I just finished listening to The Fellowship of the Ring on audiobook. This was, somehow, an odd experience, because it's a book that I've read in print perhaps a dozen times over the years but never listened to as an audiobook before. (I did, however, used to listen to the BBC radio dramatization of LotR constantly as a child.)
I've known people who consider listening to an audiobook as somehow "cheating", as not being real reading. I certainly can't come to that, in that some of the most formative reads of my life were books that I heard my father read aloud when I was a child. However, listening to a book does feel a bit different than reading one.
For one thing, even listening along in a car, there's a sense of not being utterly alone with the book. Some website I was on the other day was advertising the audiobook of 50 Shades of Grey, and I thought: How could you possibly want to listen to a porn book? You'd feel like someone was right there with you all the time.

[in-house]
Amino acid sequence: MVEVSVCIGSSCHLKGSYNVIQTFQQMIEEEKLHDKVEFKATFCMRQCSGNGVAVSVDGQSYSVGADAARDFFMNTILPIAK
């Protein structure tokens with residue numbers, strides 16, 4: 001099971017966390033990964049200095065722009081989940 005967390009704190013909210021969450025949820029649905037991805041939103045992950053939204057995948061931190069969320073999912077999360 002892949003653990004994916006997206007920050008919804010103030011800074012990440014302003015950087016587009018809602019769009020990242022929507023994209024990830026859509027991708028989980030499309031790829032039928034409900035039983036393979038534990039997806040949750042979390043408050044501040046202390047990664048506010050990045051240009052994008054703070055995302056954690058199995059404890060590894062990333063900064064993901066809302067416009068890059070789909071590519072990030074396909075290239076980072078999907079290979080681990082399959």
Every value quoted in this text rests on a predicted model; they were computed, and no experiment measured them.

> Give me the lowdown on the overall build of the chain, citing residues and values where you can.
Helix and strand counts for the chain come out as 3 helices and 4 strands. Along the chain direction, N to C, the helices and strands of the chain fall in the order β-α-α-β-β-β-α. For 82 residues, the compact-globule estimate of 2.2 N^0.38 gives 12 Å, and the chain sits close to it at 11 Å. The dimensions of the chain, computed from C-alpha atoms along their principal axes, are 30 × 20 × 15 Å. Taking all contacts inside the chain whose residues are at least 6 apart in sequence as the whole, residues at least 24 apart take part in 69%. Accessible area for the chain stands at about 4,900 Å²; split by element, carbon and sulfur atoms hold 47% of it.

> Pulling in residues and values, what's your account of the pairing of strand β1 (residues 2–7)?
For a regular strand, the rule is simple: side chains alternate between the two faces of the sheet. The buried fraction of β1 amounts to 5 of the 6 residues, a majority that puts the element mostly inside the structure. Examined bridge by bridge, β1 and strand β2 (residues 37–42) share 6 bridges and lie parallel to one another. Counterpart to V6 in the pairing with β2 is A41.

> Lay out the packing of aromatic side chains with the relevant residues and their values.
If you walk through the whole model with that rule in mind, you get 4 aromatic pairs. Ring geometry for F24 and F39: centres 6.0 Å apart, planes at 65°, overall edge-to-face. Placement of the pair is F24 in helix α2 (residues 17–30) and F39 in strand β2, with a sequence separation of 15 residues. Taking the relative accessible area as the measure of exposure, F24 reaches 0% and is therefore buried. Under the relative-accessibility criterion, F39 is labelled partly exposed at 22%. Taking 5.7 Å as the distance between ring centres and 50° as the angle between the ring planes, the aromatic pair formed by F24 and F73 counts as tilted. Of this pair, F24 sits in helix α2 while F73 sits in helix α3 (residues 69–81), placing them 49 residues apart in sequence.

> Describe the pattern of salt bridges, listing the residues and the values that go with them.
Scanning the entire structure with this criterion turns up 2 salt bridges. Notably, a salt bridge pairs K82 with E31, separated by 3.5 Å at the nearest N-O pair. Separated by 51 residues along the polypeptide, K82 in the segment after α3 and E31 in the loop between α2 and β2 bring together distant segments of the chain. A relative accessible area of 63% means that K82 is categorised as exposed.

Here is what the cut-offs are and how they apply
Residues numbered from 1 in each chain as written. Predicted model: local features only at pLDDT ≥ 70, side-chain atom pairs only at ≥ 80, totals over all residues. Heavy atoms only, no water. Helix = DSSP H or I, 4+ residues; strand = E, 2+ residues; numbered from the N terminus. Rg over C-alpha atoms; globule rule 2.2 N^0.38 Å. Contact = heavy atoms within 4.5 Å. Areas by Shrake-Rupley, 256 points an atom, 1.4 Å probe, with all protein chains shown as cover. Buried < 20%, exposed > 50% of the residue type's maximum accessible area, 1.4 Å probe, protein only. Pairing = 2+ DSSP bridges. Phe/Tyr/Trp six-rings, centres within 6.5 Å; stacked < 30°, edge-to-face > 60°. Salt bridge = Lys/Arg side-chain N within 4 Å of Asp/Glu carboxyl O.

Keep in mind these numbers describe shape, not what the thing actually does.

I suppose listening also takes away a certain kind of focus and difficulty which can, at times, accompany reading. When I'm commuting and listening to a book, I'm hardly going to set it aside and pick up another. I only have the one book loaded on my iPhone at a time, and so I tend to always finish. If a book might not be totally involving in print, I can still get through it on audio because I have nothing else to do. By the same token, I don't know if I pay quite as much attention when listening rather than reading, though I try to. This is why, as a parent and educator, it annoys me a bit when the kids insist that they'd rather listen to a book I like on audiobook than read it themselves. Although I give myself full credit for "reading" a book that I listen to, I worry that if they only want to listen to a book that they aren't sufficiently developing their reading skills.
How would you relate the experiences of reading and listening to a book? Do you let your kids listen to books or do you insist on them reading them on paper?
2 hours ago